I don't have a better lead than this, because what we saw from Michael Gspurning – arguably one of the league's two most reliable goalkeepers over the last two seasons – you couldn't write. It'd be laughed out of any screenplay for being too unrealistic.
A picture's worth a million words in this case, so here ya go:
Three things we learned from a bizarre 2-0 Seattle Sounders win over Colorado:
1. Dempsey in the diamond worked
I'd expressed my concern over Clint Dempsey's role as playmaker in a diamond-4 midfield, simply because he loves to get his touches even when he doesn't need them. Inefficiency can be a killer when you're in the most congested part of the pitch.
But ... it wasn't that congested there. For some reason Deuce was almost always given time to receive, see the pressure, then dance away from it and complete a pass. It absolutely murdered the Rapids in the first 45 minutes, after which they definitely should have been down more than 1-0.
This was the best early chance, and you can see how late the pressure is getting to Dempsey:
The Sounders got there repeatedly in the first half, as Dempsey's touch chart shows:
When your best player can set up shop exactly where he wants to, you're gonna have a good night.
2. Seattle's strength played directly into Colorado's weakness
The Rapids haven't been able to stop anyone from playing directly across the backline for a while now, particularly in semi-transition moving right to left.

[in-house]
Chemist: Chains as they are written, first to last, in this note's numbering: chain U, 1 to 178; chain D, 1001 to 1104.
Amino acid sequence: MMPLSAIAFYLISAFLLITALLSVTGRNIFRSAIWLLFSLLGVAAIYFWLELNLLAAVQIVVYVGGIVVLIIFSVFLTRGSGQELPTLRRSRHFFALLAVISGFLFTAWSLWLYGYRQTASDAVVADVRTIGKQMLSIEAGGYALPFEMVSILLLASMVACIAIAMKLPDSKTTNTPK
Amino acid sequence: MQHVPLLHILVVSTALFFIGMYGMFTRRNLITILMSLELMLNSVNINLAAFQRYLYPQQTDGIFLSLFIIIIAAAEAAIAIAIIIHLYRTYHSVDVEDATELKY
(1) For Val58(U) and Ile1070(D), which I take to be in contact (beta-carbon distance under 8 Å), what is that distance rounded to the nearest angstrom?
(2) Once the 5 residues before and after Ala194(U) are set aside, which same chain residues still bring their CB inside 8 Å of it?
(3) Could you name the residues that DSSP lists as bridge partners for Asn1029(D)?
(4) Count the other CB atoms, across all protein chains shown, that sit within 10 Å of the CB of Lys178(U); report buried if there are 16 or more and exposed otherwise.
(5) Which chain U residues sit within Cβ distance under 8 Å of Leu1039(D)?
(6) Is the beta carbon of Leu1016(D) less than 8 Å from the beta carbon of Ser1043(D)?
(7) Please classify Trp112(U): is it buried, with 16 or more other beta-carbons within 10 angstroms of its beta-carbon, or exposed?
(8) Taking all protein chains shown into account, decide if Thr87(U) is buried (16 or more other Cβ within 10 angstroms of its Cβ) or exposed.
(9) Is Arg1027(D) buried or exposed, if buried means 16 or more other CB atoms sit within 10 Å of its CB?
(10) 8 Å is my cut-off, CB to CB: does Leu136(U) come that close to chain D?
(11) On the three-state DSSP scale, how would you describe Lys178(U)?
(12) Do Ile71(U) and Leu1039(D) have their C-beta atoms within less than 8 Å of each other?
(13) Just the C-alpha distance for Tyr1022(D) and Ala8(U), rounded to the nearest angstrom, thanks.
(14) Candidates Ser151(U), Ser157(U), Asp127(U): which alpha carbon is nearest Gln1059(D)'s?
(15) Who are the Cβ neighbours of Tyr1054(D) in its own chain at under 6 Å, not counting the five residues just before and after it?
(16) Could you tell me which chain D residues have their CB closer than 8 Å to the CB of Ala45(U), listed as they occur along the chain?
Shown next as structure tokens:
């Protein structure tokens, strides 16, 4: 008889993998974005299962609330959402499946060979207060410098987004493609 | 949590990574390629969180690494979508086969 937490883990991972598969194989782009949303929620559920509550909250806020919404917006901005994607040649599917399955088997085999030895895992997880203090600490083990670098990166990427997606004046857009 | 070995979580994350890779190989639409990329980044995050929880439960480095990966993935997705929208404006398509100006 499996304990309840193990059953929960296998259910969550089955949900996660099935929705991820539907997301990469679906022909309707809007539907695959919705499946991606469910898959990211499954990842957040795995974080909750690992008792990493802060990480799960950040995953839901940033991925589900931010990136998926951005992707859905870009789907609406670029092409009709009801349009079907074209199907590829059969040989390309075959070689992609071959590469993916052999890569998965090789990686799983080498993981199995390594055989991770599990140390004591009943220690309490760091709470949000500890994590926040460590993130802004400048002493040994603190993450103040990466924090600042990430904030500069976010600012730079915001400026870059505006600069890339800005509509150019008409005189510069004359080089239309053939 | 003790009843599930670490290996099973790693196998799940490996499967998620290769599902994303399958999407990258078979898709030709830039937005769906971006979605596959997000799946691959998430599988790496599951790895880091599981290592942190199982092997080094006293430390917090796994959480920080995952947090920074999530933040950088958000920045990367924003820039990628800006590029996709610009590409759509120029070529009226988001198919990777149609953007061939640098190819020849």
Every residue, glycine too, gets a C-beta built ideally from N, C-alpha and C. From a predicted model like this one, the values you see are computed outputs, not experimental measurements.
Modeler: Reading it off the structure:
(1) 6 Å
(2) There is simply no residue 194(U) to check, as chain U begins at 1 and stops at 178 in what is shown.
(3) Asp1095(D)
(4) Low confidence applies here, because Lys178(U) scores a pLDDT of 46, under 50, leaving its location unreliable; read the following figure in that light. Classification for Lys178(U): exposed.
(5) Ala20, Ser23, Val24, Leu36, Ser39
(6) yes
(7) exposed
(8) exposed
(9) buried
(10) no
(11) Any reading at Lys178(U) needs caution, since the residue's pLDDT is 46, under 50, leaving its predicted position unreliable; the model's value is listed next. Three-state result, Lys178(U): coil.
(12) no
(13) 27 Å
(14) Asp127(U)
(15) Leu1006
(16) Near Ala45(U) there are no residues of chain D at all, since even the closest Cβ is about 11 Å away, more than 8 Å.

Here's Camilo's second goal from the weekend. (Click it, it's a totally great goal.)
And here's Seattle's opener from tonight:
Seattle's persistence in attacking this area for the first 45 minutes forced Oscar Pareja to change from a 4-3-3 to a 4-2-3-1 in the second half, and led to a near total dislocation up top.
Sigi Schmid definitely won the tactical battle with this one.
3. If you can't possess, you can't use the flanks
Rewind: MLSsoccer.com Live Postgame Show
Usually the 4-3-3 outguns the 4-4-2 in central midfield, leading to a possession advantage. But on this night, it was fairly even, both overall and in the final third.
The reason is because of the narrowness of the diamond, and the added steel of Adam Moffat and Brad Evans, both of whom played more horizontal than vertical (at least until Evans was moved to right back, and yes, Sounders fans, that is a gigantic concern).
The Rapids never got the numbers advantage, and as a result never really involved Chris Klute.
This is just sad:
Klute has been the most consistent and, frankly, necessary threat for the Rapids all year. Without him, Deshorn Brown was pretty lost, and the attack had no penetration up the left.
That changed a little bit once Vicente Sanchez came in, but it didn't change enough. Sanchez wants to drive the ball forward fast, and truth is, the Rapids really needed Dillon Powers, who has a little more patience as a deeper-lying playmaker.
What's it mean for this weekend? Well, Caleb Porter is not about to make the same mistakes that Pareja made, and will certainly make sure that both Will Johnson and Diego Chara understand how urgent the need to put immediate pressure on Dempsey is.
Pretty much every other part of the tactical battle hinges on that. Dempsey was brought in to be a rainmaker for the Sounders, and on Wednesday, he absolutely was.
It only gets harder from here.